Canadian Q & A: Getting Fluid with CRP

I’m back at my Dance Exchange desk after back-to-back one-day intensives on the Critical Response Process in Toronto and Montreal, sponsored by Professional Association of Canadian Theatres. At each, Cassie and I invited questions. I’ll use our responses as the substance of a short series of FAQ-style blogs about using CRP in theatrical settings, starting with the following:

How do you make the Process more fluid? Is it possible to do CRP one-on-one, without a bigger group or facilitator?

We always emphasize that the four step process, as we teach it in workshops, is the formal version. Doing the formal four steps is the best way to learn CRP, and returning to them is always fruitful for important junctures and public encounters with works-in-progress. But there are plenty of ways that values of CRP can be adapted for one-to-one dialogues and collaborative conversations. The two-person version can follow the general outlines of the formal process, with the person giving feedback leading the way through the usual sequence: “A few things that stood out for me were…” (step one); “Did you have any questions at this point? (an invitation to some step two dialogue); “I have a couple of questions myself…” (neutral ones, of course, to constitute step three); “I do have some opinions. The first one is about X. Would you like to hear it?”(step four). This can be an effective conversation even if your dialogue partner doesn’t realize you are using the Process. With knowledge of the principles of CRP, you can start employing its prompts and values outside the sequence: both step ones statements of meaning and step three neutral questions on their own are great conversation-starters. And if everyone in an ensemble is familiar with the essentials of CRP, it’s fairly easy become fluid, skip steps, and alter the sequence of the process.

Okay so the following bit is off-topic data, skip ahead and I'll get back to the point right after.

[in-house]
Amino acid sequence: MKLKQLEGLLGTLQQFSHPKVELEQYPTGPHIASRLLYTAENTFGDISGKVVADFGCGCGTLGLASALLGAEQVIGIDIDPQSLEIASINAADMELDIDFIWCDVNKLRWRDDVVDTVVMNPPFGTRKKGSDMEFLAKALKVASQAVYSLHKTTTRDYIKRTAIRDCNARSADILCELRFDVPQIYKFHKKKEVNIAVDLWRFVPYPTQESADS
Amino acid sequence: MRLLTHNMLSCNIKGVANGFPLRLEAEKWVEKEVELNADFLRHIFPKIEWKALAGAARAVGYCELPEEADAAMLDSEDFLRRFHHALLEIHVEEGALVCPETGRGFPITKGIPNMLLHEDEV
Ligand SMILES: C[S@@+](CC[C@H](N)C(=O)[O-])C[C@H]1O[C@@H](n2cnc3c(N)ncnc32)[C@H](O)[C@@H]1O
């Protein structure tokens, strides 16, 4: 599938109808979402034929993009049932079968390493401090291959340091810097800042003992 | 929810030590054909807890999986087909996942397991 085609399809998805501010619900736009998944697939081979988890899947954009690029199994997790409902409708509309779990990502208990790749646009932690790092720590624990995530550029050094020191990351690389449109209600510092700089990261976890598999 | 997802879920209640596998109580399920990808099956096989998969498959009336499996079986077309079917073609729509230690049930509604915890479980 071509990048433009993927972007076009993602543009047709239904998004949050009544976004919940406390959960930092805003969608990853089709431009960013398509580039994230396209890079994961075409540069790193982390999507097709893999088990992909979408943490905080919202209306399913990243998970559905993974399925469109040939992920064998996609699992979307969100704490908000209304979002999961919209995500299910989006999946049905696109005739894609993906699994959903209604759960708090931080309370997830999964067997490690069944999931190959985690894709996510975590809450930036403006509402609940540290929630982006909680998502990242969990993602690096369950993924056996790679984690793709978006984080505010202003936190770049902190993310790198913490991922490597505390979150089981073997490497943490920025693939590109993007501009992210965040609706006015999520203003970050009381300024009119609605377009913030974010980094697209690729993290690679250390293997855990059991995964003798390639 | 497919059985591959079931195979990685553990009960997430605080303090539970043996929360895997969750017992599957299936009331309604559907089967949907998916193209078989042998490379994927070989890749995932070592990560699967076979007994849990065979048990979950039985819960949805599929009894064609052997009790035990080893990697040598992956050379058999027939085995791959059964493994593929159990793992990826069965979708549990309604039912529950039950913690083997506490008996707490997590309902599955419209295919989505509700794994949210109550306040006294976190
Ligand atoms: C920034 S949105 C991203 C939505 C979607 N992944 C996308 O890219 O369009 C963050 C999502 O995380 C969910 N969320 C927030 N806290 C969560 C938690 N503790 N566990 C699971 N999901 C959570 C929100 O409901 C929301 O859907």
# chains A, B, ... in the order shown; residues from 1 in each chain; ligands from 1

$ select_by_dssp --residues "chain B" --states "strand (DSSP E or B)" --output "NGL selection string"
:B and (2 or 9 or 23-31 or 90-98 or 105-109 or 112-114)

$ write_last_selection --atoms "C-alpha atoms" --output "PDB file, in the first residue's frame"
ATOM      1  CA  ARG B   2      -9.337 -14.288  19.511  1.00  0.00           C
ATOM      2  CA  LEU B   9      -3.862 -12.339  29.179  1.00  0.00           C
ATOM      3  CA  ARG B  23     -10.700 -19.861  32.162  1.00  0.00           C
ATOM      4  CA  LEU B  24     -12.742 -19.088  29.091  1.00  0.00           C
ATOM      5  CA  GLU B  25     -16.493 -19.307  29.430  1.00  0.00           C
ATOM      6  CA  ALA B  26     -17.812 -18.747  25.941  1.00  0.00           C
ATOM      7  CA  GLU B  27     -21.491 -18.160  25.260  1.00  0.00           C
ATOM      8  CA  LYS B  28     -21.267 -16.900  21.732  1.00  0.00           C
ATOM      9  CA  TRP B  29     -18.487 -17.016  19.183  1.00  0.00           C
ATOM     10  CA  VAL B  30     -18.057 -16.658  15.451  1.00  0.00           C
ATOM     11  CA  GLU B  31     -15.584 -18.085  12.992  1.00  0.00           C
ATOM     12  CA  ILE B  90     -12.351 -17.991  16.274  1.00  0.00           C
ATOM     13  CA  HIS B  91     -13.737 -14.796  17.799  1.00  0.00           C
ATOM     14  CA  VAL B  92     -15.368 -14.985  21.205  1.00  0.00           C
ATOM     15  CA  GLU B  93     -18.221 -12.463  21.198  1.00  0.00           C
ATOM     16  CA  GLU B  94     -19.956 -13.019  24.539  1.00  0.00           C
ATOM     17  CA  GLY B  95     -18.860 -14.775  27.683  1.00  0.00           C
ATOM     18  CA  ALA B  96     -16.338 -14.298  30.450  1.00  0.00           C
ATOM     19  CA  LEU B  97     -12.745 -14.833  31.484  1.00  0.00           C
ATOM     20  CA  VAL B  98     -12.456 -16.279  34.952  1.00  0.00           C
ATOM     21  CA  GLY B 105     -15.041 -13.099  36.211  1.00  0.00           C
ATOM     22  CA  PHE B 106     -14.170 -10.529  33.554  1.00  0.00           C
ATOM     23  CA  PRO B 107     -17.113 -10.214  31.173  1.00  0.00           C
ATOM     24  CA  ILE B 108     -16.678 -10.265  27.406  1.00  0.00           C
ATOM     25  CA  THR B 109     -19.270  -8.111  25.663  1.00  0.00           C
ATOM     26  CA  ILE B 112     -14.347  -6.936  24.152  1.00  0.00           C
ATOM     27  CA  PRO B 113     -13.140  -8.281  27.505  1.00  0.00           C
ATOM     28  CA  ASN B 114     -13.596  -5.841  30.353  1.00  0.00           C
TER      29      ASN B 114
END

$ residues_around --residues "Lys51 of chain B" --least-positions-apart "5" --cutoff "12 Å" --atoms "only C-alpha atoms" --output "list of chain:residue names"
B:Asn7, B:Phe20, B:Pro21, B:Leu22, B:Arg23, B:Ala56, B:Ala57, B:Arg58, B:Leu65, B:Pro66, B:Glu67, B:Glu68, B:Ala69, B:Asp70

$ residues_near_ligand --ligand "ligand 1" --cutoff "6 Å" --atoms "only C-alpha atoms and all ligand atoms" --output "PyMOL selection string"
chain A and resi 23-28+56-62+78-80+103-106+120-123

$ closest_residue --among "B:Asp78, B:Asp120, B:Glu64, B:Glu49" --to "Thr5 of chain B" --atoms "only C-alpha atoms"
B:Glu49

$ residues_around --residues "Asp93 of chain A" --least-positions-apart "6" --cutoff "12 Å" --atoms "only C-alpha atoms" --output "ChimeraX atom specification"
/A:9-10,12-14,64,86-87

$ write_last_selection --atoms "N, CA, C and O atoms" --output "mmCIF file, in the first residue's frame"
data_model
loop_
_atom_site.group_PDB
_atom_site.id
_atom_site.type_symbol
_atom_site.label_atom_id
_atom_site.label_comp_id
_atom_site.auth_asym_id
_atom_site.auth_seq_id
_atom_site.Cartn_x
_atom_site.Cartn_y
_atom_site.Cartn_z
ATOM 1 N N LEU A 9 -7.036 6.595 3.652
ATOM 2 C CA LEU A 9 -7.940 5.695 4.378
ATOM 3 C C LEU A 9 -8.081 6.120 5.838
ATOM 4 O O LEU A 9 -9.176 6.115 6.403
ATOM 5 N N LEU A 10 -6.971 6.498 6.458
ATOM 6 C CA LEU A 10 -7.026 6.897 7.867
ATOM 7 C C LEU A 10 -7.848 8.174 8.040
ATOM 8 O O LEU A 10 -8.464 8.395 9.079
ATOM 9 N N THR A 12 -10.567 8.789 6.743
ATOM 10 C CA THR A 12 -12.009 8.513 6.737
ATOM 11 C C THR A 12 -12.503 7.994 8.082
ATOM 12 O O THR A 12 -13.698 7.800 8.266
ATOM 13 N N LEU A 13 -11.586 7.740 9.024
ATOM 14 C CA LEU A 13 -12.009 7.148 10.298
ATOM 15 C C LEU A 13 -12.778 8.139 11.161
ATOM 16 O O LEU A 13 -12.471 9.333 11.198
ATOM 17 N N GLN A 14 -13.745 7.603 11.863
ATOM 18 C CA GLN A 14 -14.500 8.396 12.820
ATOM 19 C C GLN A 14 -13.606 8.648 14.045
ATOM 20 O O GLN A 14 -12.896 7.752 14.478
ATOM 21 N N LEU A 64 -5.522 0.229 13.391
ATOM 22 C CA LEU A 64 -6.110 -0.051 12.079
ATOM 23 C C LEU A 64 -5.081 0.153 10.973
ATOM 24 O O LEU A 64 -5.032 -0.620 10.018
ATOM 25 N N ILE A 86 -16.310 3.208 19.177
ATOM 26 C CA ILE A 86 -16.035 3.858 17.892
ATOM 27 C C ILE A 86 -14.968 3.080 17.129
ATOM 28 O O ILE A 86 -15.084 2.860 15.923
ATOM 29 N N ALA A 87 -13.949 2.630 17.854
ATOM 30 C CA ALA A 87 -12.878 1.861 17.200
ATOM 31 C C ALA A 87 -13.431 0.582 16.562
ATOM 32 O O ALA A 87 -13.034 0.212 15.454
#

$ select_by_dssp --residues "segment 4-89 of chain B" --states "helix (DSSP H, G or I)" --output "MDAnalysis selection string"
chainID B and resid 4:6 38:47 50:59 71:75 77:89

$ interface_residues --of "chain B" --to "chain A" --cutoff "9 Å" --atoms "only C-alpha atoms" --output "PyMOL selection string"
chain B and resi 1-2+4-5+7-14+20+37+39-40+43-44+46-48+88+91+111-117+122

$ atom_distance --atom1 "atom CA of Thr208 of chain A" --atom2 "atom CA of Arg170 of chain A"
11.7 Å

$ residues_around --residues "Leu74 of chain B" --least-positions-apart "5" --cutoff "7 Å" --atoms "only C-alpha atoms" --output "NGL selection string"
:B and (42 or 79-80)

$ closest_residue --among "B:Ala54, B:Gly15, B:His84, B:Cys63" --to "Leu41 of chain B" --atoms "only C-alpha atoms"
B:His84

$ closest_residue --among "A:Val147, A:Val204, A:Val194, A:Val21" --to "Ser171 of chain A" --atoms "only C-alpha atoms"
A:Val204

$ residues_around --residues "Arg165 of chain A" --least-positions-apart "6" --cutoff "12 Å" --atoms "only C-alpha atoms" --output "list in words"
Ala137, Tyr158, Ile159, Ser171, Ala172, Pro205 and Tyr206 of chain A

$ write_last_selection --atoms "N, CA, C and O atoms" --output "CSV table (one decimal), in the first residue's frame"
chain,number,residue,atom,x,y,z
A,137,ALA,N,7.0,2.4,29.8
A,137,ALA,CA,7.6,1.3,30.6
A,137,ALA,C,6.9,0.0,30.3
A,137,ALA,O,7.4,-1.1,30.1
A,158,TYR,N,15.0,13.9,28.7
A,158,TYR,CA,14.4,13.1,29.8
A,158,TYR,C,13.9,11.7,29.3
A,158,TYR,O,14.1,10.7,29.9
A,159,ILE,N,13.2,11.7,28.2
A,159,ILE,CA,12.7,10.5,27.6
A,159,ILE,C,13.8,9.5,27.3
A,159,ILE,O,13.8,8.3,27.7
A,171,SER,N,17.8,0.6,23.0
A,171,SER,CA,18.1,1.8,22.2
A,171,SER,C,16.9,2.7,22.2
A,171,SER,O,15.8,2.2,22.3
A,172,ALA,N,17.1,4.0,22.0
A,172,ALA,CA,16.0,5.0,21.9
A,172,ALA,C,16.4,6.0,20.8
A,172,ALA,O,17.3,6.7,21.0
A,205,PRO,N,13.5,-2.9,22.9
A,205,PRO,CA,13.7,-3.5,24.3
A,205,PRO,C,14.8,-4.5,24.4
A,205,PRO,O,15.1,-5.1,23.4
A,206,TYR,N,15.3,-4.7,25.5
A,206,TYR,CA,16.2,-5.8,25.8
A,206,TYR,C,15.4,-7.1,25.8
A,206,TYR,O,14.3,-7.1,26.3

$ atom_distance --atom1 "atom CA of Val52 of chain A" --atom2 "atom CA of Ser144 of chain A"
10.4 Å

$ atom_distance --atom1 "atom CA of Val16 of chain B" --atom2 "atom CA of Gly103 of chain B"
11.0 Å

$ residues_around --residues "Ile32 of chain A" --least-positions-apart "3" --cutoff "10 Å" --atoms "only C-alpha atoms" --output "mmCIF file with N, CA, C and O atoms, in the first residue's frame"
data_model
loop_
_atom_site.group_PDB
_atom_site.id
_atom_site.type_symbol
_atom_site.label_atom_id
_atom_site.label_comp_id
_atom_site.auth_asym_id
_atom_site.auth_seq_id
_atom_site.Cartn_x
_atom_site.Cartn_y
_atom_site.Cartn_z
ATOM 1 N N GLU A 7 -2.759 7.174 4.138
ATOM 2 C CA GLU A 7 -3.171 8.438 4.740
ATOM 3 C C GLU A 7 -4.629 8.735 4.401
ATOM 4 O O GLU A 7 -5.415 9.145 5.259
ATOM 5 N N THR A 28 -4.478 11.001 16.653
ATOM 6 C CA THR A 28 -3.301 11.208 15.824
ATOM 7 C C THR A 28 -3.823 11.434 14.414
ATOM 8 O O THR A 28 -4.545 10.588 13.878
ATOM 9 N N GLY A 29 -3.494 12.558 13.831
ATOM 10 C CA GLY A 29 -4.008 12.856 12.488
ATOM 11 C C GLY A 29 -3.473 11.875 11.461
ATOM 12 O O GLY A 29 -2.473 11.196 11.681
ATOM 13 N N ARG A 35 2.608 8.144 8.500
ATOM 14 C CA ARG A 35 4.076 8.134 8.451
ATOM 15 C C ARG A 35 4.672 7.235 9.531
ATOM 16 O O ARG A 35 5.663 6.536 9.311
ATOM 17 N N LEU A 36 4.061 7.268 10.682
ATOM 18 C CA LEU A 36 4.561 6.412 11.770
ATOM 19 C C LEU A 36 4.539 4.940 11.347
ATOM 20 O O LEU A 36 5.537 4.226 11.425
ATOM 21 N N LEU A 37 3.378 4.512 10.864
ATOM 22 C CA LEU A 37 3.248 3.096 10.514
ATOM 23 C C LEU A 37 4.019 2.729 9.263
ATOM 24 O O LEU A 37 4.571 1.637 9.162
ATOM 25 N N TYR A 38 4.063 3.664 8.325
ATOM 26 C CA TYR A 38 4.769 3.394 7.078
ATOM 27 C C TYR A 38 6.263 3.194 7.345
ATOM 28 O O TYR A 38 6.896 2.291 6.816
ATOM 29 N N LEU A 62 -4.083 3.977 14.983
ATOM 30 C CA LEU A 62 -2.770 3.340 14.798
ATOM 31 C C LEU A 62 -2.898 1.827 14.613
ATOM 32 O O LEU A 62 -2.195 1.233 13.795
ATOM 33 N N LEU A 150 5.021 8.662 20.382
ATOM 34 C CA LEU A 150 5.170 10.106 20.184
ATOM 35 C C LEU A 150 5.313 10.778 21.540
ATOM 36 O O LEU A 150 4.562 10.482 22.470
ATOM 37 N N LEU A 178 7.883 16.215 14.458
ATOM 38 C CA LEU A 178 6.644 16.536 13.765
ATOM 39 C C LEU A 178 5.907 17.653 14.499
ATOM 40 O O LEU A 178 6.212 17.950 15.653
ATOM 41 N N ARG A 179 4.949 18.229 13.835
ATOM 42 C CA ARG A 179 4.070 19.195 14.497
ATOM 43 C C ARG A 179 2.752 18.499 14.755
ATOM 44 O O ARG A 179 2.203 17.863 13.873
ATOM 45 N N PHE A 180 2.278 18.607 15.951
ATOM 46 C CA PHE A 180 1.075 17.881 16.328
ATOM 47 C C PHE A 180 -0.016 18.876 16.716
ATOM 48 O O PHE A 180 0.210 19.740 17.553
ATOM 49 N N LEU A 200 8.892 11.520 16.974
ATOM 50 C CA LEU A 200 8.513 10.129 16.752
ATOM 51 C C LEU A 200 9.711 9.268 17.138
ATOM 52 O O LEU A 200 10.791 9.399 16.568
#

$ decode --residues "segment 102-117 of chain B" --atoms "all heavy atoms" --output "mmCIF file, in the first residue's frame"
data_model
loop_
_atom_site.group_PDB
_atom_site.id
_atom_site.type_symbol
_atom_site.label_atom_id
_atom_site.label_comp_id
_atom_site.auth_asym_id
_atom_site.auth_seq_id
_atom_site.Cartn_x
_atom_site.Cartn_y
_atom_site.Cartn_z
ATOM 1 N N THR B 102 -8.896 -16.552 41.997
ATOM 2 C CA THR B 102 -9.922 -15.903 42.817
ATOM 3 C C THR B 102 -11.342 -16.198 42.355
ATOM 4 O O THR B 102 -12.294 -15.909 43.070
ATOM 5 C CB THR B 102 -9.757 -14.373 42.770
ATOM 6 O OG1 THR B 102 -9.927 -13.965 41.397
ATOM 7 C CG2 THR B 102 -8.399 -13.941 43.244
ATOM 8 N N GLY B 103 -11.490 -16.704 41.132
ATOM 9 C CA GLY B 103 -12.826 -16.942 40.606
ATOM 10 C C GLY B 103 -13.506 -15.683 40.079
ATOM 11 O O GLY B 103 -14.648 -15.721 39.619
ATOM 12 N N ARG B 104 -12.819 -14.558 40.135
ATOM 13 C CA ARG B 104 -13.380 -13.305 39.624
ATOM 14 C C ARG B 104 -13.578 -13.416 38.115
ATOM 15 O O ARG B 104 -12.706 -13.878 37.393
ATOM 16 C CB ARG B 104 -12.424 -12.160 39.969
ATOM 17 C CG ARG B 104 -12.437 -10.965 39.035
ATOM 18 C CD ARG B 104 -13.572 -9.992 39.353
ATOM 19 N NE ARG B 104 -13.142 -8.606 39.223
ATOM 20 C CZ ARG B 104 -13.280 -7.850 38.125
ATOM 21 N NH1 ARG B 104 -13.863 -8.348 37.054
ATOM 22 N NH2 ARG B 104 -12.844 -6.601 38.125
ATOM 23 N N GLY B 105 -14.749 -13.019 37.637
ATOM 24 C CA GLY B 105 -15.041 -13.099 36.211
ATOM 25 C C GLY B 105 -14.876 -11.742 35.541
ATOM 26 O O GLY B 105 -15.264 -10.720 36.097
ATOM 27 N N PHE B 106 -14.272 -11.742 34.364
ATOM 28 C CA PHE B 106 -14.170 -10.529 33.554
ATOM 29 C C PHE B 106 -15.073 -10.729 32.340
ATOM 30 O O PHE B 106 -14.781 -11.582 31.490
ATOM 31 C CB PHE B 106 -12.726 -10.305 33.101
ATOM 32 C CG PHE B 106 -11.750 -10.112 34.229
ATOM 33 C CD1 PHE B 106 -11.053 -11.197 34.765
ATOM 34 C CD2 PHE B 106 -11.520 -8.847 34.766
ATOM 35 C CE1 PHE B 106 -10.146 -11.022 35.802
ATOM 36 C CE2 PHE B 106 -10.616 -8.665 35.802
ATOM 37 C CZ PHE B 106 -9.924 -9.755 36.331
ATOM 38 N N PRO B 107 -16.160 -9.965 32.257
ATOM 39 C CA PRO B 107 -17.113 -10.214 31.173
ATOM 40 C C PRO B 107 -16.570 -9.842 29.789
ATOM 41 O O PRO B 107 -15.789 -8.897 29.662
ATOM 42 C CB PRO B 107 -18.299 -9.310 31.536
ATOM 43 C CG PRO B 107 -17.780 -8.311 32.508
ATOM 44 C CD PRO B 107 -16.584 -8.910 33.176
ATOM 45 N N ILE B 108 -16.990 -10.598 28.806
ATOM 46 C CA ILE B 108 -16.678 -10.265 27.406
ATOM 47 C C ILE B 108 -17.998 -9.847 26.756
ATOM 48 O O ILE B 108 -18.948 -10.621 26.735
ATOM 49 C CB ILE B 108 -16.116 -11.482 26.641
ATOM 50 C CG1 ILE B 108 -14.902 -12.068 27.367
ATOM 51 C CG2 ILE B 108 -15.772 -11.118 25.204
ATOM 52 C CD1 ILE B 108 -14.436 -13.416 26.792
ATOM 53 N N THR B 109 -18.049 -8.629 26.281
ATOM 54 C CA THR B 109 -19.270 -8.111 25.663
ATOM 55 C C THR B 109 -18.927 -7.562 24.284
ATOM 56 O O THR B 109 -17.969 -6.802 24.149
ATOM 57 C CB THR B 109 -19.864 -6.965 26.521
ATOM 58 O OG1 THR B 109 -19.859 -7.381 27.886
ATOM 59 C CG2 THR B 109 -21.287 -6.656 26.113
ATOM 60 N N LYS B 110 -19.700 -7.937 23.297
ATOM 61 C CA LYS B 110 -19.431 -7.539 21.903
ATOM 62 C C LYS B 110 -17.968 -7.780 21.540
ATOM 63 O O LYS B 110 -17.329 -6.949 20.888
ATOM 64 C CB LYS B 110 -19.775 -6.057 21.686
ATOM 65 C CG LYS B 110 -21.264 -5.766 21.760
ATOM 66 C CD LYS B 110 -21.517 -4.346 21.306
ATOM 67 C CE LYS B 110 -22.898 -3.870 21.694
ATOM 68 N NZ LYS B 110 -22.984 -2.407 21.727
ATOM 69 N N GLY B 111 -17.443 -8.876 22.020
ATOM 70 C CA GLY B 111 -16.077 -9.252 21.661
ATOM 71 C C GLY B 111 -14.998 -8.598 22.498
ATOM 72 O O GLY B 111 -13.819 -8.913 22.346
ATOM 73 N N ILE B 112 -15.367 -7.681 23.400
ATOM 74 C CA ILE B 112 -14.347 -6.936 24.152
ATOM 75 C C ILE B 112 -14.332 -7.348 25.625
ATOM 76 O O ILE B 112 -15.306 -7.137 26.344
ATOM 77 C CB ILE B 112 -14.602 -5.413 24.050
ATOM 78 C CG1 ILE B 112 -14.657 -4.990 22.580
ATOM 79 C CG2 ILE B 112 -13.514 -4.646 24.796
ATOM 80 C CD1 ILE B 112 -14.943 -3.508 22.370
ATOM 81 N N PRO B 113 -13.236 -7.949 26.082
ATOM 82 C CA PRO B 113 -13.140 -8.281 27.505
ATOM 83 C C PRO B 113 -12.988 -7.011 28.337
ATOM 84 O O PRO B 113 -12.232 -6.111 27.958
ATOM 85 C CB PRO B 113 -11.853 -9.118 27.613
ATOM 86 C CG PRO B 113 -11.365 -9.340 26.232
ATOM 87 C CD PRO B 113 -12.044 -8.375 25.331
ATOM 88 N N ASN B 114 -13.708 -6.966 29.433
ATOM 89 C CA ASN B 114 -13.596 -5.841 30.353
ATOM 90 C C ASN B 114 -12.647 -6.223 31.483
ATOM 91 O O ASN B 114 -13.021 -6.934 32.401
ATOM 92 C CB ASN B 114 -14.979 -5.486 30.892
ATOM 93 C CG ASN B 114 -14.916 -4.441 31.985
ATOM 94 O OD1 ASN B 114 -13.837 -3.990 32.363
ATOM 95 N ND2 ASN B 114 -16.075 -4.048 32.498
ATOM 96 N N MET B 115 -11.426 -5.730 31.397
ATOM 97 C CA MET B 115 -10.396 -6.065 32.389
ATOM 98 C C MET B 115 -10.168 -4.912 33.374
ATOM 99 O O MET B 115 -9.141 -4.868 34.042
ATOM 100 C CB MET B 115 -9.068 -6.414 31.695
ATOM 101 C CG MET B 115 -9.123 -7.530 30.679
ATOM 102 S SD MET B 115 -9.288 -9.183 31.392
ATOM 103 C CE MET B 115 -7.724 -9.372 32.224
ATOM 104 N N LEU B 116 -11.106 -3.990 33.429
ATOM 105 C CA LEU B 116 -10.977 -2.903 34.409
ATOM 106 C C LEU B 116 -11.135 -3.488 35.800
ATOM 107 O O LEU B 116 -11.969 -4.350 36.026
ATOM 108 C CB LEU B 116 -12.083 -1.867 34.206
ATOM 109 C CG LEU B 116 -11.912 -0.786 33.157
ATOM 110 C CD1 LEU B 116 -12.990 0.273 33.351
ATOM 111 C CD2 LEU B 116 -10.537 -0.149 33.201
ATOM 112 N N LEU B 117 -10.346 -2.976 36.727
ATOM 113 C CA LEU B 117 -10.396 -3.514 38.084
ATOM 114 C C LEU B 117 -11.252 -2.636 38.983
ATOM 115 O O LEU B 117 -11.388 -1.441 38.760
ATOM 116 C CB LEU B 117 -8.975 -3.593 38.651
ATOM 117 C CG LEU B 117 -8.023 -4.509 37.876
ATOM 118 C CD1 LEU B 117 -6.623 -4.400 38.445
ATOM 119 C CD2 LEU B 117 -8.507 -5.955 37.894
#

Next time: Strong Opinions

About John Borstel

John’s role with the Dance Exchange encompasses functions in documentation, dissemination, and dialogue.